Statistics Canada’s ’By the numbers’ project presents interesting facts compiled to portray Canada’s ethnocultural diversity, its national identity, land and natural environment, and more. Statistics Canada has been telling the country’s story in numbers for more than a century and to mark the sesquicentennial anniversary of Canadian Confederation the federal data agency has prepared a numerical snapshot of Canada .
Statistics Canada’s has compiled interesting facts and numbers to portray the country’s ethnocultural diversity, national identity, land and natural environment.
Did you know that there are 47 million maple tree taps in Canada to collect maple syrup? Or that Canadians bought $9.2 billion worth of beer in 2016? Or that in 2016 Canada exported $25.6 million worth of skates and $395.9 million worth of snowmobiles?
Did you know that Canada has the world’s longest coastline at 243,042 km? And Canada’s Manitoulin Island in Lake Huron, Ontario, holds the title of the world’s largest island in a freshwater lake at 2,765 square km.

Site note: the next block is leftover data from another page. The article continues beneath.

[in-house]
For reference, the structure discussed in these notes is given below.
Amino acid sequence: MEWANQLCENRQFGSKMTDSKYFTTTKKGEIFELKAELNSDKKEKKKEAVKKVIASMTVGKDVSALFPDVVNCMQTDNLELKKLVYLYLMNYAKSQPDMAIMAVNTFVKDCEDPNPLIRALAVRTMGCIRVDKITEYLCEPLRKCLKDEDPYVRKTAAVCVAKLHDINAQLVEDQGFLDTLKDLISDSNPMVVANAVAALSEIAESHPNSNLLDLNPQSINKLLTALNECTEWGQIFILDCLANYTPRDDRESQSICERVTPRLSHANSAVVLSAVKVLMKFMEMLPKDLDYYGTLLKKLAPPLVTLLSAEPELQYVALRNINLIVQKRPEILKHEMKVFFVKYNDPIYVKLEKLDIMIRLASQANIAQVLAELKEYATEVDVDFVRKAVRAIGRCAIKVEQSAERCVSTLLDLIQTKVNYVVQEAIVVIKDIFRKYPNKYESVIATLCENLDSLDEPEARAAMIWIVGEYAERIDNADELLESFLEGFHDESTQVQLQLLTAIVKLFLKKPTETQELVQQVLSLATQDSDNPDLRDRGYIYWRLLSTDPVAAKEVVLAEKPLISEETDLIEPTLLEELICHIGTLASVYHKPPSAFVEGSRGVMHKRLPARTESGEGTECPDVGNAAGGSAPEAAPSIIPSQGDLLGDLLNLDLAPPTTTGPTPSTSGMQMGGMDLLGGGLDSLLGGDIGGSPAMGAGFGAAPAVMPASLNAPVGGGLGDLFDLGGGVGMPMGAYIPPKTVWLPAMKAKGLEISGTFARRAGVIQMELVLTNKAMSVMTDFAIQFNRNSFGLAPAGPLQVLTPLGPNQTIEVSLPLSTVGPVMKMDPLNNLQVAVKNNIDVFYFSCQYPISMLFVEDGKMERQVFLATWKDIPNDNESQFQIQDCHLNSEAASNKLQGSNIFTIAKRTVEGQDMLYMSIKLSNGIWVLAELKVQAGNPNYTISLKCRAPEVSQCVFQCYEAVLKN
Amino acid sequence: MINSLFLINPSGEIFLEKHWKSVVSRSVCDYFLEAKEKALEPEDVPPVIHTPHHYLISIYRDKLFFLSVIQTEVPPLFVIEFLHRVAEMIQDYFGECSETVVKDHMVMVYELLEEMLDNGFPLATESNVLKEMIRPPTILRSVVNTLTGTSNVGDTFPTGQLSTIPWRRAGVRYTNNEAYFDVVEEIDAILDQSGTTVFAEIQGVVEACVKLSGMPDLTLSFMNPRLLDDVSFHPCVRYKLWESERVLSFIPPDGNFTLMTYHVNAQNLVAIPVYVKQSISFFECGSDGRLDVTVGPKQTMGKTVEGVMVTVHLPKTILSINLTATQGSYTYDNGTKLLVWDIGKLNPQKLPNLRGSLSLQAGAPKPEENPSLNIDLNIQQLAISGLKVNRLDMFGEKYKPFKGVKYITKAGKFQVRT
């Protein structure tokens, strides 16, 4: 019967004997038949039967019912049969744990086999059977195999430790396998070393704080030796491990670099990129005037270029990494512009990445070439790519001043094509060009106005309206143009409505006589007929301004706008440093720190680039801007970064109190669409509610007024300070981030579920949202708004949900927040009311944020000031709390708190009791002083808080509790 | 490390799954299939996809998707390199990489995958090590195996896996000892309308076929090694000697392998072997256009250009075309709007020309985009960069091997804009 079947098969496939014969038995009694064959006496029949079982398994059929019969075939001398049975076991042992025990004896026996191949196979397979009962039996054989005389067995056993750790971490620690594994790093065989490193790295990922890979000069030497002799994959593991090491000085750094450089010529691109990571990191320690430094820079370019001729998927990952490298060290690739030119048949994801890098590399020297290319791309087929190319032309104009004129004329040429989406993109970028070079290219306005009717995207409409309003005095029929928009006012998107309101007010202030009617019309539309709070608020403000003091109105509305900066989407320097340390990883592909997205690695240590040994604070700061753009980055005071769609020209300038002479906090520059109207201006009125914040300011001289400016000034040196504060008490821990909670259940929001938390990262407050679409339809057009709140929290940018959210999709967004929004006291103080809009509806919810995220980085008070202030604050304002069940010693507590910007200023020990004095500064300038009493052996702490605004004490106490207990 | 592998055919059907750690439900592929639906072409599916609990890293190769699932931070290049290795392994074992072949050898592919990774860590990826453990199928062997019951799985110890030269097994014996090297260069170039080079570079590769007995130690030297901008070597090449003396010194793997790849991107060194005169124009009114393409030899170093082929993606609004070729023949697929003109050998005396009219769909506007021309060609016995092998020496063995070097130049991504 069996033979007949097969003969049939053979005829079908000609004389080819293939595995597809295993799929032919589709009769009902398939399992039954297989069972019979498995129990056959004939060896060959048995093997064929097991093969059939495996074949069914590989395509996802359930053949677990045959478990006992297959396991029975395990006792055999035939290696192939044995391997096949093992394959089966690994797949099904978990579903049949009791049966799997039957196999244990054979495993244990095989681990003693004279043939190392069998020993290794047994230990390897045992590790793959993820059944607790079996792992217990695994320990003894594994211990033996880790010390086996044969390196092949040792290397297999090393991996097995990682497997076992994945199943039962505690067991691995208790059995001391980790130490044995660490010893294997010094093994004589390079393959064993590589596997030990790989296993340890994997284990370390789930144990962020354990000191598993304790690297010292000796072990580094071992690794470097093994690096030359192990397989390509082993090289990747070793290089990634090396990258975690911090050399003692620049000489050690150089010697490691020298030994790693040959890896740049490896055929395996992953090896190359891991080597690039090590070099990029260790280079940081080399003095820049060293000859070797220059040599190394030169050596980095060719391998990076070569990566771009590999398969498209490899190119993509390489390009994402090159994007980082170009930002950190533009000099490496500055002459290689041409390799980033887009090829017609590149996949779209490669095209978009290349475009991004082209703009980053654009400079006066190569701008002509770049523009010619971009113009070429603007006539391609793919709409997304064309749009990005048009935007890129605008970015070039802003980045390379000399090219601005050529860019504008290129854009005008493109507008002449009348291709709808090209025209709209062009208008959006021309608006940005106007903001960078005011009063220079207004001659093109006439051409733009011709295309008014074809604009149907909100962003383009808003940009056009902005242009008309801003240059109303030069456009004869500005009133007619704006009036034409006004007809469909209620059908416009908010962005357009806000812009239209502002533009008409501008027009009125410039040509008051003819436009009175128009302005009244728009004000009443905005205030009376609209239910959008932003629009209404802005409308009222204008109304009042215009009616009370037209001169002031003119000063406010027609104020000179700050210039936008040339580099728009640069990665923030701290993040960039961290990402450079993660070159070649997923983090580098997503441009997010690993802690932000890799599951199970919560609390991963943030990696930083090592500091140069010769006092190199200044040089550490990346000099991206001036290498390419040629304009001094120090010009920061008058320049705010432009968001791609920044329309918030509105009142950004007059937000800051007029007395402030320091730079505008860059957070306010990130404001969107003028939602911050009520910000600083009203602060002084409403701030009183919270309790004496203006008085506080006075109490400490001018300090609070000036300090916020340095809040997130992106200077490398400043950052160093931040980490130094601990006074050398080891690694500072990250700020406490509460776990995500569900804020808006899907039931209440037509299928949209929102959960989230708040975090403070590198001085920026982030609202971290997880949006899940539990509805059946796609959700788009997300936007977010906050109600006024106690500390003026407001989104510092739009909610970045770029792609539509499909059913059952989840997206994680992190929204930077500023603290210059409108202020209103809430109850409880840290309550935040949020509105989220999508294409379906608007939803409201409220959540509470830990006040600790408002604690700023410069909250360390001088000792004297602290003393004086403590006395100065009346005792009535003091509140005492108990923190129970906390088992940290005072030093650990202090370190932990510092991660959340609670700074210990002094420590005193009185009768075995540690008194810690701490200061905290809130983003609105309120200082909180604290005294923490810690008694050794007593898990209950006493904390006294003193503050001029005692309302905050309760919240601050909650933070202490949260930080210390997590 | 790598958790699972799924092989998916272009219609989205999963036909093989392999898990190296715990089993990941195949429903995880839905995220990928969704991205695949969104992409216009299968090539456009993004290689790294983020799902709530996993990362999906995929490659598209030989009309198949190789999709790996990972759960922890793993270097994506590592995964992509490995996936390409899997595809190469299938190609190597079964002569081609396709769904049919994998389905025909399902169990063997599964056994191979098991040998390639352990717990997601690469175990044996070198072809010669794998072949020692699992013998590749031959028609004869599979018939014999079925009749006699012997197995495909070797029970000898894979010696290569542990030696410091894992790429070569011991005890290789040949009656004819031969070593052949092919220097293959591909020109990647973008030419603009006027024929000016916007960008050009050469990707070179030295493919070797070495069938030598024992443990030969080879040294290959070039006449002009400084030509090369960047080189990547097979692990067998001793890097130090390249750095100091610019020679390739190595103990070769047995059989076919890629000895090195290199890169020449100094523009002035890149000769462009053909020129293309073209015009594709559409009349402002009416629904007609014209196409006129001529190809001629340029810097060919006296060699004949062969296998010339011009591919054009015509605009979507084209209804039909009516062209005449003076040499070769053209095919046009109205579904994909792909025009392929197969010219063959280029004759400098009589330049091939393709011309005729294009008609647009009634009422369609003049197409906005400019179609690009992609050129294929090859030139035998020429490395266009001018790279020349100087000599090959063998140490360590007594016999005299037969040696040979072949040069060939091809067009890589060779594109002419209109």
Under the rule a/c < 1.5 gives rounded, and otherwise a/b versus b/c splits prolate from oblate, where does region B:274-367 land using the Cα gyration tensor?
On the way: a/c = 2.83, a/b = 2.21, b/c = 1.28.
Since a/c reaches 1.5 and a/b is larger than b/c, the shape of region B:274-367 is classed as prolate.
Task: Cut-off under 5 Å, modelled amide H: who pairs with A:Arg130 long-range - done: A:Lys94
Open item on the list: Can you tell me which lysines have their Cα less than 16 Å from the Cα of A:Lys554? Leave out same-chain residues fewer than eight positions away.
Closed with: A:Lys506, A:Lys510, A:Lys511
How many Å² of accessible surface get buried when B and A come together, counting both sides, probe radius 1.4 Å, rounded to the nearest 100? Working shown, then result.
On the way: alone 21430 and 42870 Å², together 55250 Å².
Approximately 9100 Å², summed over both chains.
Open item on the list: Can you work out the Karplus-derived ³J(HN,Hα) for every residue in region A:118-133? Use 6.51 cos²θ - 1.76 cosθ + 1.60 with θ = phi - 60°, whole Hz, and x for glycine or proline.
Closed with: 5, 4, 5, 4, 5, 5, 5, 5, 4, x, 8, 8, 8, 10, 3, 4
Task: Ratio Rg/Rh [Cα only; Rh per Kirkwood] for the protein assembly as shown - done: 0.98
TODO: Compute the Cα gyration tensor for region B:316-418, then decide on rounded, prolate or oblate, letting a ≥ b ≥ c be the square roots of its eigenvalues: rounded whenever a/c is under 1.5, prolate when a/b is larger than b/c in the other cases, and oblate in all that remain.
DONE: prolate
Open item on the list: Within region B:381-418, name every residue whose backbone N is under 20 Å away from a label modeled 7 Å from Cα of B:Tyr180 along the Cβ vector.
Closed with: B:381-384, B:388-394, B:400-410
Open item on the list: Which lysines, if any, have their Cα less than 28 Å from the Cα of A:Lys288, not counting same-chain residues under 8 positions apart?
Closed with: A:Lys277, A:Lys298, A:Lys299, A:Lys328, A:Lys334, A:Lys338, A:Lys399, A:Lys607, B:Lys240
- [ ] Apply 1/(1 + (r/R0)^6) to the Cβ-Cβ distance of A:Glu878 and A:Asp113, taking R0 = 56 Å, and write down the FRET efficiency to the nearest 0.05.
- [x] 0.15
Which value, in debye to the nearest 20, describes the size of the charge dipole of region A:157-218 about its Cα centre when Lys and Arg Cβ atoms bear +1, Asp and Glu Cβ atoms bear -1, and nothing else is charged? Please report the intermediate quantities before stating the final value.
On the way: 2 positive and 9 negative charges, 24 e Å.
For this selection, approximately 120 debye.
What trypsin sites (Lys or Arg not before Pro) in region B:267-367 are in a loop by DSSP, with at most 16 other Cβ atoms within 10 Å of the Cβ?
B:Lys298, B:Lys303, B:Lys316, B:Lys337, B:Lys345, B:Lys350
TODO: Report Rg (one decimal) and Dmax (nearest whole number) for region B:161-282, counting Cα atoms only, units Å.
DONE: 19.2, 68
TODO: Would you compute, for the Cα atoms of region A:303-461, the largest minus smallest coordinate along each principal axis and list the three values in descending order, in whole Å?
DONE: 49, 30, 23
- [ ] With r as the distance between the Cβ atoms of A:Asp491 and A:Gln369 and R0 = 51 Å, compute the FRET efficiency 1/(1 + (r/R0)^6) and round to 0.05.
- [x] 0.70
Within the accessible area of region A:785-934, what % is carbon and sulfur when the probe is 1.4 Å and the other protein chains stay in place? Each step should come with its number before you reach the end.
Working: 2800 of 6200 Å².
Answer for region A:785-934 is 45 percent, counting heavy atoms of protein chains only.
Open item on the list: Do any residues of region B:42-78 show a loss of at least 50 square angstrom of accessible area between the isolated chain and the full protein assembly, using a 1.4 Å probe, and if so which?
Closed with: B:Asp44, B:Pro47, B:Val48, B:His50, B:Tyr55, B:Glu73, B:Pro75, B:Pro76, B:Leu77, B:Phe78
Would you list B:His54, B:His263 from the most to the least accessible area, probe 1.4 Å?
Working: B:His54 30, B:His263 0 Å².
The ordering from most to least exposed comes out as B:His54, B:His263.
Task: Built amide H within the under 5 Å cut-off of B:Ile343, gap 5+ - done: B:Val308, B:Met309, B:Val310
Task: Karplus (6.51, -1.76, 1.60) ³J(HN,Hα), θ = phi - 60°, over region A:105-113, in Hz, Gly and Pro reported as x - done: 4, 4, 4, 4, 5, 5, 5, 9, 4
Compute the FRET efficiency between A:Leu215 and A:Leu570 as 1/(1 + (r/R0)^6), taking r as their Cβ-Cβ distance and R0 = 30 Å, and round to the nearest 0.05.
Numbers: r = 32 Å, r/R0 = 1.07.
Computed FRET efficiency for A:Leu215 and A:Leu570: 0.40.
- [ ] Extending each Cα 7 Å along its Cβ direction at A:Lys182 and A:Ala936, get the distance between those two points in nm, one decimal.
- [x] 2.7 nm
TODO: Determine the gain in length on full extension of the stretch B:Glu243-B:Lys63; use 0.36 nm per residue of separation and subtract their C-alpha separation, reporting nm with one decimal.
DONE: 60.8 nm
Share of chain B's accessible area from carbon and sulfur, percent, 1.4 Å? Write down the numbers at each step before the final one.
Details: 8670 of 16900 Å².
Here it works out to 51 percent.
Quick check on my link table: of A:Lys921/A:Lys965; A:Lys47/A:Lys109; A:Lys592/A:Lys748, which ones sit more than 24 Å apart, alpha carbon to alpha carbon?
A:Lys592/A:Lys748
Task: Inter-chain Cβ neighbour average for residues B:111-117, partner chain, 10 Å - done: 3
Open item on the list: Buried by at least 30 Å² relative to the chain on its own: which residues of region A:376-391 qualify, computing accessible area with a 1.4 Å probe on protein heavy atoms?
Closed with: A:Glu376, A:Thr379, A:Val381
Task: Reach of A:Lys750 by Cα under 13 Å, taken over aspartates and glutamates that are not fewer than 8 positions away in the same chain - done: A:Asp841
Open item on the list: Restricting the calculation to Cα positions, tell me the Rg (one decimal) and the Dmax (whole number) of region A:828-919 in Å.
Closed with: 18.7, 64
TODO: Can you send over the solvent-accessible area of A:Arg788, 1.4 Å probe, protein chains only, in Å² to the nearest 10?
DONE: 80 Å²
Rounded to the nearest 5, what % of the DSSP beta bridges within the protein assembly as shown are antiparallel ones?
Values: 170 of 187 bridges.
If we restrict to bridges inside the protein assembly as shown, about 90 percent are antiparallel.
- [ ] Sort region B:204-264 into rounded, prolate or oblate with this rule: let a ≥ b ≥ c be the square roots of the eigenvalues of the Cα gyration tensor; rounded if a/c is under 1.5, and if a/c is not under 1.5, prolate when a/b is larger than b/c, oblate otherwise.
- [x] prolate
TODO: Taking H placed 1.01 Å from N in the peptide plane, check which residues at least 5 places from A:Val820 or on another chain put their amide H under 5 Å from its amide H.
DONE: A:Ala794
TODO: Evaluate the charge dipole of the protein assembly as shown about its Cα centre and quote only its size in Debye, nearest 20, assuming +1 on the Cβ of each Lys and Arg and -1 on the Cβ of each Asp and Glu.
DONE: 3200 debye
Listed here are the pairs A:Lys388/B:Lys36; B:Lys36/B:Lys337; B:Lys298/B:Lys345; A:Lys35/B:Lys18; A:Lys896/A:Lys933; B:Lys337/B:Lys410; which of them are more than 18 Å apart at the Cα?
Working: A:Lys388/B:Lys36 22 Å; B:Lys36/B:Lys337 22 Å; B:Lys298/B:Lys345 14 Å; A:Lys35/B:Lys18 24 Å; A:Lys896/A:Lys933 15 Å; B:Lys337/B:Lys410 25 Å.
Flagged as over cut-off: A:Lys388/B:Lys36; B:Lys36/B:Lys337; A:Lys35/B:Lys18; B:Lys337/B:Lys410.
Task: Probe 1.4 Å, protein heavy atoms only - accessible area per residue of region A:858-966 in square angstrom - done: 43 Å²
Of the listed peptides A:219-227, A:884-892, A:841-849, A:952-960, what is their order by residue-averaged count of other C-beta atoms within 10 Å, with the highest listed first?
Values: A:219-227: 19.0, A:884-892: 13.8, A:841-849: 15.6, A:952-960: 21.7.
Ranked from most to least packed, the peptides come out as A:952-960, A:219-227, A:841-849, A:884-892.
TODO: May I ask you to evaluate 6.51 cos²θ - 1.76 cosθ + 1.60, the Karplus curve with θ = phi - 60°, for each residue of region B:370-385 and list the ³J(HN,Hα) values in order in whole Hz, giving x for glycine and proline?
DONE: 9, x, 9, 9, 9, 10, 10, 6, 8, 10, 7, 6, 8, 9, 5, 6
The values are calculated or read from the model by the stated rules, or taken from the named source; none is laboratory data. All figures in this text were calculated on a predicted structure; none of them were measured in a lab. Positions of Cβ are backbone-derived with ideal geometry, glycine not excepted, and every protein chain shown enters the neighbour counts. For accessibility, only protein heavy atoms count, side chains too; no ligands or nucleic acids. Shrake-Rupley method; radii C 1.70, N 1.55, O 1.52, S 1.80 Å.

Here are some other interesting facts about Canada and its people as the country prepares to celebrate its 150th anniversary, plus many thousands of years of Indigenous history on this land prior to colonization. Canada’s people:
© FotografiaBasica Canada’s population has increased ten-fold since the Confederation.
The country’s population has also aged considerably since Confederation. 5,839,570 people 14 years old and younger in 2016, compared with 1,462,380 in 1871.
5,935,630 people aged 65 and older in 2016, compared with 127,465 in 1871. 41 is the average age of Canadians in 2016. Canada’s Indigenous population: Canada’s Aboriginal population increased by 232,385 people, or 20.1% between 2006 and 2011, compared with 5.2% for the non-Aboriginal population. 1.4 million people reported an Aboriginal identity in 2011. 4.3 per cent of the total population of Canada reported an Aboriginal identity in 2011. 851,560 people identified […]
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